Referring to FIGS. 3A and 3B, the reinforcement portion 36 has a thickness t2 greater than the thickness t1 of the remainder of the face 16. The thicknesses t1 and t2 are the maximum thicknesses of the respective areas, because thickness varies at grooves 32 to a minimum. It is preferred that the reinforcement thickness t2 is between about 0.08 inches and about 0.12 inches. The thicknesses t1 and t2 can be uniform or varied. It is preferred that the thickness tt of the remaining portion of the face surrounding the reinforcement portion 36 is less than about 0.12 inches, more preferably less than about 0.08 inches, and most preferably less than 0.06 inches.
Reinforcement portion 36 is provided at or aligned with a sweet spot or the center of face 16, as defined below, where impact forces are expected to be greatest. This permits a thinner face 16 to be used, as compared with a non-reinforced design. The reinforcement distributes the stresses such that the structural integrity of face 16 is sound.
The sweet spot is generally defined, in mechanical terms, as the intersection of a longitudinal line passing through the center of gravity and the face 16. The center of the face includes the sweet spot, but refers to a larger area of the face. The center is a portion of the face that can be defined and still be surrounded on all four sides with a remaining portion of the face without the reinforcement portion. Thus, the reinforcement portion can be located aligned with the sweet spot or more generally in the center of the face.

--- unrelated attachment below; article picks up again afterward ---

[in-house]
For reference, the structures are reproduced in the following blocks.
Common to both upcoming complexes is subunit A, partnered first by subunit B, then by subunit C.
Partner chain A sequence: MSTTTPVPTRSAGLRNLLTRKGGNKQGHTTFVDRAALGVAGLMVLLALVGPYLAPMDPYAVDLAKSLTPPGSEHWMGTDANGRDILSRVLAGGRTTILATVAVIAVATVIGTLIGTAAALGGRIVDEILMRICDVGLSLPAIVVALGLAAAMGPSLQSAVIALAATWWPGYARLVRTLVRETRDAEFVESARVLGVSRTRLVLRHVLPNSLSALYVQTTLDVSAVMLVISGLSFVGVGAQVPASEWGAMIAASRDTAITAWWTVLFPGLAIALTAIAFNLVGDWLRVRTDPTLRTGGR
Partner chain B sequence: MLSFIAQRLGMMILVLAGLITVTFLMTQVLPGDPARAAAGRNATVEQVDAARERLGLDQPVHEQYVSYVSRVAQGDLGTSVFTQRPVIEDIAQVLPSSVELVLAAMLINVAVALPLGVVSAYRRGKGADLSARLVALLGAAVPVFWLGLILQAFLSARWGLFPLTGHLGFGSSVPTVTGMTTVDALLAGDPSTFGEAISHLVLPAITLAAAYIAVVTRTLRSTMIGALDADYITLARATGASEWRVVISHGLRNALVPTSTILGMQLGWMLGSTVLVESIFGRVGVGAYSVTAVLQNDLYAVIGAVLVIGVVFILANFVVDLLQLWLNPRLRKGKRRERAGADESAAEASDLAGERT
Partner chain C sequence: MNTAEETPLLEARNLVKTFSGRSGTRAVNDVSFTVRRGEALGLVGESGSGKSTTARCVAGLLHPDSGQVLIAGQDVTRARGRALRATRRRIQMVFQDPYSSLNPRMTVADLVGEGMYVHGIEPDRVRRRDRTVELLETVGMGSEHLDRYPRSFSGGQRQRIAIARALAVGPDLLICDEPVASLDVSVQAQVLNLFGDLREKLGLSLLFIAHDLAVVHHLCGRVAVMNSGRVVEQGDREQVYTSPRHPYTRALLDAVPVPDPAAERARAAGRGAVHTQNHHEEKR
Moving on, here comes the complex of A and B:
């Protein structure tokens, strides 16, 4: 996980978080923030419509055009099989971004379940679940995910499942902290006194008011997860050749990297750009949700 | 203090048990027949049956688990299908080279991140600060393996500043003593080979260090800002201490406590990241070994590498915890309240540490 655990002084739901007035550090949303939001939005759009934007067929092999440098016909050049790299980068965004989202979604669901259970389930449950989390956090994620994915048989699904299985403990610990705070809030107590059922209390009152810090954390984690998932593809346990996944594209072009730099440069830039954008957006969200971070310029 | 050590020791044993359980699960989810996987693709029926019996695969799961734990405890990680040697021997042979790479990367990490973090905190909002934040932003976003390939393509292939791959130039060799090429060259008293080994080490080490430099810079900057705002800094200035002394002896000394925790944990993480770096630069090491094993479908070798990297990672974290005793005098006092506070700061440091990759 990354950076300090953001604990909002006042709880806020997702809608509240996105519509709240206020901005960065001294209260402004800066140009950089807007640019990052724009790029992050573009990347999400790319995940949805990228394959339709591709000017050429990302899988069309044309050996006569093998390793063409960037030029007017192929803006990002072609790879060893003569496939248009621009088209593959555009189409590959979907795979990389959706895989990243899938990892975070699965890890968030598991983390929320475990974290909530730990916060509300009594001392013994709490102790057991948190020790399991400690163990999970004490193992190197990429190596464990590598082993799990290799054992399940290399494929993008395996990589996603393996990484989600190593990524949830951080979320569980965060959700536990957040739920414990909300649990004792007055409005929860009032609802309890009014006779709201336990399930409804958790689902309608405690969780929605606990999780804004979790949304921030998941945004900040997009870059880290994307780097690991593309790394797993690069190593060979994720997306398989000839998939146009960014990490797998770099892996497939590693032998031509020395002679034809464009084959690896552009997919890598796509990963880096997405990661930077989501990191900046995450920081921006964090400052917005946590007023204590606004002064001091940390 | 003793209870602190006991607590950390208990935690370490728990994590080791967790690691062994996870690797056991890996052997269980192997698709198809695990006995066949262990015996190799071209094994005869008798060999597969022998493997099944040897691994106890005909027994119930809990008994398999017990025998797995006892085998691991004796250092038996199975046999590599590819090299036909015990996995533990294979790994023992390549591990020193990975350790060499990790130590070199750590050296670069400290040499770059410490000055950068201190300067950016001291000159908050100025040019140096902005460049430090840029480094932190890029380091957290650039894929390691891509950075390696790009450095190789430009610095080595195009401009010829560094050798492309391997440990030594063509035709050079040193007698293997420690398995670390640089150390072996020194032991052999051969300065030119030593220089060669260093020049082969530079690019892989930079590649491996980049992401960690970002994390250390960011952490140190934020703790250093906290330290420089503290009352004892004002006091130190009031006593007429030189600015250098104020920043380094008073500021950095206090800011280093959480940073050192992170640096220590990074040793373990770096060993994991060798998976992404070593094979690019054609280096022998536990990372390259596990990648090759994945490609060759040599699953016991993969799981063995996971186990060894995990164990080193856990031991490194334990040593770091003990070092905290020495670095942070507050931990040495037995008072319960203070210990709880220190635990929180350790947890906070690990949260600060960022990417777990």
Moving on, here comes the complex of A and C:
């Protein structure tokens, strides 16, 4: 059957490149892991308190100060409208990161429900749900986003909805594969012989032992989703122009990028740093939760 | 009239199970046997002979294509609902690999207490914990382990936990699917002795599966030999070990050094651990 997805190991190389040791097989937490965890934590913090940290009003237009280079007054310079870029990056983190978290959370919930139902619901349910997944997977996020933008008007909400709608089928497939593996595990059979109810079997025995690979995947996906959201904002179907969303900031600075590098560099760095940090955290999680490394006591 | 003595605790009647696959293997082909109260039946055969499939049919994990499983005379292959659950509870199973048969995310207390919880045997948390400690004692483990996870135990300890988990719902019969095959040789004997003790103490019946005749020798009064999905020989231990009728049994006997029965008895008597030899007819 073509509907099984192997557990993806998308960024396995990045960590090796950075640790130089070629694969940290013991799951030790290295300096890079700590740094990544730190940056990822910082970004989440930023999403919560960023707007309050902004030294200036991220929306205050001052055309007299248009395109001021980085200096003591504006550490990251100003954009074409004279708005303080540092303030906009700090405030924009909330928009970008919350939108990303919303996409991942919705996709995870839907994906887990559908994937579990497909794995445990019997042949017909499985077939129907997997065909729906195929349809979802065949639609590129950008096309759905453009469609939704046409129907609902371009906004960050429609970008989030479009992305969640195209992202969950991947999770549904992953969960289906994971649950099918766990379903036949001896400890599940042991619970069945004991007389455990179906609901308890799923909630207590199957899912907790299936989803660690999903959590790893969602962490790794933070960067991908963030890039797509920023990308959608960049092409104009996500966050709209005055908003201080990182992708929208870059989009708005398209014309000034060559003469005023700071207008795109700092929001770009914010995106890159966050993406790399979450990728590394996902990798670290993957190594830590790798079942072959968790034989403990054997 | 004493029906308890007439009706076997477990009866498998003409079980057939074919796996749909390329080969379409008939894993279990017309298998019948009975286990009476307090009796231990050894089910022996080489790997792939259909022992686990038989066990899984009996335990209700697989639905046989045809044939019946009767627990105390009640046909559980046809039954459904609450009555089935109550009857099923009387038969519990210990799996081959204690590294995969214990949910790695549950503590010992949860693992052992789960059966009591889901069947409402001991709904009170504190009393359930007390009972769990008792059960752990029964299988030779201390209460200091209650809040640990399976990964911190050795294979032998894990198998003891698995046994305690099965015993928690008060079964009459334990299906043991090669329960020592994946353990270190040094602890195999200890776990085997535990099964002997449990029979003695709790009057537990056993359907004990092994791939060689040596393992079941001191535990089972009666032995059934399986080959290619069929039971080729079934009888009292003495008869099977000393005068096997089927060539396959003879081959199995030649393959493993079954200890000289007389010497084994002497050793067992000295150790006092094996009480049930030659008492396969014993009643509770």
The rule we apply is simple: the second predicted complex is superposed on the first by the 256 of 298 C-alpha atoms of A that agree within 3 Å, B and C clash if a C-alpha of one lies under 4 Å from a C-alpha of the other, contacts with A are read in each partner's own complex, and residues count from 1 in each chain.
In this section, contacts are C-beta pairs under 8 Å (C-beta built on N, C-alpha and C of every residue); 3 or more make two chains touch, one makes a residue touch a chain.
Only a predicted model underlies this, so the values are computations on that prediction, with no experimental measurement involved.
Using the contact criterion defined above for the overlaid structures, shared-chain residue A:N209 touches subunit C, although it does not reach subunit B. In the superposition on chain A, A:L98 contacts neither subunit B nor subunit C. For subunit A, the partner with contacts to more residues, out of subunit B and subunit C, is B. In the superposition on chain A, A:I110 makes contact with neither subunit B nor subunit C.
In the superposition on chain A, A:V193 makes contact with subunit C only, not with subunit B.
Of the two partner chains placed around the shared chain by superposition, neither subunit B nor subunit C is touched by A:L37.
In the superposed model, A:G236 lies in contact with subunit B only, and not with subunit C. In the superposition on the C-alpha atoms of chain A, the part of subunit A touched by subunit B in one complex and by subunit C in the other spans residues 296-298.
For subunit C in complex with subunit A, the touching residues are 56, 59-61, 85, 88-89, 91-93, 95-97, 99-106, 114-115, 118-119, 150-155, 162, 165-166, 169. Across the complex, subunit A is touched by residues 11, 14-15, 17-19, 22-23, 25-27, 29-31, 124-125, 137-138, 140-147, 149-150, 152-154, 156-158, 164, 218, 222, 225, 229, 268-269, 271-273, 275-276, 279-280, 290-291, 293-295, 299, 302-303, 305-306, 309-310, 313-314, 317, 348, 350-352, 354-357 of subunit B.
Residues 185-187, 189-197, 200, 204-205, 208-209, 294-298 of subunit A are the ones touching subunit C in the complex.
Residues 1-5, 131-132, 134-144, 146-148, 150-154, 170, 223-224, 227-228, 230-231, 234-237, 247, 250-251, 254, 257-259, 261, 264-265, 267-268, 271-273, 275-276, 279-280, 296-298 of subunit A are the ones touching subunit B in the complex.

Preferably, the horizontal projection of the center of gravity intersects the face 16 in the reinforcement portion 36, the thickened region of the club face. More preferably, the intersection of the horizontal projection of the center of gravity with the face is located substantially in the center of reinforcement portion 36.